Thesis: Fathers will never be perfect, but they can be a blessing to their children.


1. Today is the day recognized in our society as FATHER'S DAY.

a. Fathers, we want to honor you today!

b. Strong Biblical basis for this activity (Eph. 6:2).

2. This AM's sermon is directed toward the fathers in our midst.


A. There's a difference in our society between the way Mother's Day & Father's Day are perceived, promoted and celebrated.

1. MD: Sentimental, corsages, restaurants & florists advertise big; FD: Less sentimental, no flowers, men's clothing stores advertise.

2. Illust. There's an element of humor that surrounds FD that is just simply not present at MD. Big question at this time of year is: "What kind of tie are we going to get him?" A couple of years ago a local store even had a post-FD "ugly tie" contest with special consideration for the ugliest!

3. Often there's even a difference between typical MD & FD sermon.

a. MD: Directed toward non-mothers, we are urged to appreciate Mom!, take her out to dinner; emotional time.

b. FD: Directed toward fathers and subtly produce (reinforce) guilt for the inadequate job we all realize we're doing.

B. You see, for many of us Father's Day is a time of guilt.

1. Illust. Lucille Ball, shortly before her death, did a remarkable TV interview with Merv Griffin. He asked her a very serious and pointed question: "Lucille, you've lived a long time on this earth and you are a wise person. What's happened to our country? What's wrong with our children? Why are our families falling apart? What's missing?" Lucille Ball answered without hesitation--"Papa's missing. Things are falling apart because Papa's gone. If Papa were here he would fix it."

2. Daddy is missing from many American homes.

a. Consider these sobering statistics:

1) 1 in 4 children has no father at home at time of birth.

2) 1 million children a year are victims of divorce--9 out of 10 of these are with their mother.

3) From 1950--1980 the illeg. birth rate increased 450%!

b. Illust. Feeling smug? Researchers set out to find out how much time middle-class fathers spend with their small children. Asked them how much time did they spend each day. Answer: 15 to 20 minutes. To verify, the researchers attached microphones on the children. Results are shocking. Middle-class fathers have an average 2.7 encounters daily, each lasting 10 to 15 seconds! Total time: 37 seconds. This is from our friend JAMES DOBSON who adds, "That, so it seems represents the contribution of fatherhood for millions of America's children."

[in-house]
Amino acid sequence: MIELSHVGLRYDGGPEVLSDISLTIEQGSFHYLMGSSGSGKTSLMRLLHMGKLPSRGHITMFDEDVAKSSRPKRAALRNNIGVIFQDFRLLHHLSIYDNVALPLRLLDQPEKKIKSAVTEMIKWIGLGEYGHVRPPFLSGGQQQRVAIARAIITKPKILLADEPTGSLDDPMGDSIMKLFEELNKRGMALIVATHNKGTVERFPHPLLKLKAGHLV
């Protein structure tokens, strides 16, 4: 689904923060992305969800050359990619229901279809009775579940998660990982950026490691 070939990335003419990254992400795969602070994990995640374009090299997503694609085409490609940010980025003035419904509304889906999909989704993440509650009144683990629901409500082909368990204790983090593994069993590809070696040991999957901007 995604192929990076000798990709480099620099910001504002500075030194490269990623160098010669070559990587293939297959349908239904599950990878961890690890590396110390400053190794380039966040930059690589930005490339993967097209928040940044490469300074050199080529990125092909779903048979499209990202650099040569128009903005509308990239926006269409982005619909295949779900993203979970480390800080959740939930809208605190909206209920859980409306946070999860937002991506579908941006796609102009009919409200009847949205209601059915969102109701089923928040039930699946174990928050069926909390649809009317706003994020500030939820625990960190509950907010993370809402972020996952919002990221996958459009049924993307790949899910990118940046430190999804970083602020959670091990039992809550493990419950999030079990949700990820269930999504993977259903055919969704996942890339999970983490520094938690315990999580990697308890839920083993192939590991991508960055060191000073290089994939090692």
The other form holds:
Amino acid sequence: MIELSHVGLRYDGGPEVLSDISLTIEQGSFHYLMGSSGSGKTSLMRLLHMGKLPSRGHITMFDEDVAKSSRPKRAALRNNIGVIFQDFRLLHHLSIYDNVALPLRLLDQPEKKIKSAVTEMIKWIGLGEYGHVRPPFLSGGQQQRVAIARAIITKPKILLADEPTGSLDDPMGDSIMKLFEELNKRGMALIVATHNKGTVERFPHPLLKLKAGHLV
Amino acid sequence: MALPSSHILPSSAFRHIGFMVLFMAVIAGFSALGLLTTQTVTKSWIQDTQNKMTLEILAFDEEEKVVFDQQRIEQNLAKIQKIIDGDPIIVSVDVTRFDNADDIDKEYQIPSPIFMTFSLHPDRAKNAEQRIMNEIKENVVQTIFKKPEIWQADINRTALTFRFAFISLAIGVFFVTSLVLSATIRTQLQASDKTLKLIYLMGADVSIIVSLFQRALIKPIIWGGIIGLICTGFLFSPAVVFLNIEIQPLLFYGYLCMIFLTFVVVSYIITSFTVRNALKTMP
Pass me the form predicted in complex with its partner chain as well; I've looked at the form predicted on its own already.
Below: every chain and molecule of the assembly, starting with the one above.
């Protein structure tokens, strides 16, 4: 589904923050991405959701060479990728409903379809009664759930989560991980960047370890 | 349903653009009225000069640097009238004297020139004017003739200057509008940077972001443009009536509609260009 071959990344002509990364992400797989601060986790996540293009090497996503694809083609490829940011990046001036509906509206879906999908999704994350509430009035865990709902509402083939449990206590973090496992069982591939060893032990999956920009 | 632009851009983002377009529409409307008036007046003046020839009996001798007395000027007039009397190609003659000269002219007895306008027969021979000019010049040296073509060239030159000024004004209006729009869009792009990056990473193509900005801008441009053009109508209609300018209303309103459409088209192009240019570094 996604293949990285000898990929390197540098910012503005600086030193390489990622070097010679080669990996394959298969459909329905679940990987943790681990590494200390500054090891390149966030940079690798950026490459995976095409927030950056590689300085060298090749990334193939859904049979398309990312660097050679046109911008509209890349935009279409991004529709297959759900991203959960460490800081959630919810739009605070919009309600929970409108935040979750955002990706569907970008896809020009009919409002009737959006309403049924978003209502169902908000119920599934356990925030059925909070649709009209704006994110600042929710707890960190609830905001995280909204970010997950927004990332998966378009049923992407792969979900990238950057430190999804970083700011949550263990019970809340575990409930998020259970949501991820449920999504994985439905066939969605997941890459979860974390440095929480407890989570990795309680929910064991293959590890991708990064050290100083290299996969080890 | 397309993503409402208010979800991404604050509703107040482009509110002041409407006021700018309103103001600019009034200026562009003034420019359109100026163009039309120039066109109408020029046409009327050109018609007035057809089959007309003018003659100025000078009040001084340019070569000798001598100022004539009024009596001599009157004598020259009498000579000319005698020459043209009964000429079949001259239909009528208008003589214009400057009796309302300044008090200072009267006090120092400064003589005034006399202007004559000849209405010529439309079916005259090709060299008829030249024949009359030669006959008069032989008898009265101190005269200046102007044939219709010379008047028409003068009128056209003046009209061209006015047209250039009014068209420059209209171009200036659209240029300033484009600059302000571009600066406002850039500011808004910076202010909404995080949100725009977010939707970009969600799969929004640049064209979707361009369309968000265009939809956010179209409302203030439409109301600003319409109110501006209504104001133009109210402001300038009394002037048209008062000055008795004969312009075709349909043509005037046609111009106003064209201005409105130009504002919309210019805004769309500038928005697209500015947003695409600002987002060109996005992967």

3. The guilt can come in other ways.

a. Illust. When we lived in Ohio I remember passing one of those churches that has marquees out front with a saying of the week. The week before FD I remember one message saying, "The best thing a father can do for his children is to love their mother." Remember thinking, "Bad enough just dealing with the kids, now we've got to worry about how we're treating our wives! How much trauma am I causing with a good old-fashioned dinner table argument?

b. Illust. Fathers, as well as mothers, have become new objects of blame. A kind of scapegoat for the 90's. Is your life messed up? Father is likely to blame! Remember the cartoon of a huge auditorium with a convention banner reading: "Welcome Adult Children of Normal Parents." And there were only two people present!

< In the midst of all this paternal guilt, there is, however, a hunger. A deep-seated hunger. A hunger that will not go away. It is the hunger for a father. >


A. Erma Bombeck, in an uncharacteristically serious FD column, wrote about that hunger: "One morning my father didn't get up and go to work. He went to the hospital and died the next day. I hadn't thought that much about him before. He was just someone who left and came home and seemed glad to see everyone at night. He opened the jar of pickles when no one else could. He was the only one in the house who wasn't afraid to go into the basement by himself. He cut himself shaving, but no one kissed it or got excited about it. It was understood that when it rained, he got the car and brought it around to the door. When anyone was sick, he went out to get the prescription filled. He took lots of pictures ... but he was never in them. Whenever I played house, the mother doll had a lot to do. I never knew what to do with the daddy doll, so I had him say, "I'm going off to work now" and threw him under the bed. The funeral was in our living room and a lot of people came and brought all kinds of good food and cakes. We had never had so much company before. I went to my room and felt under the bed for the daddy doll. When I found him I dusted him off and put him on my bed. He never did anything. I didn't know his leaving would hurt so much." (Erma Bombeck, The Ties that Bind ... And Gag! [NY: McGraw-Hill Book Co., 1987], p. 2)

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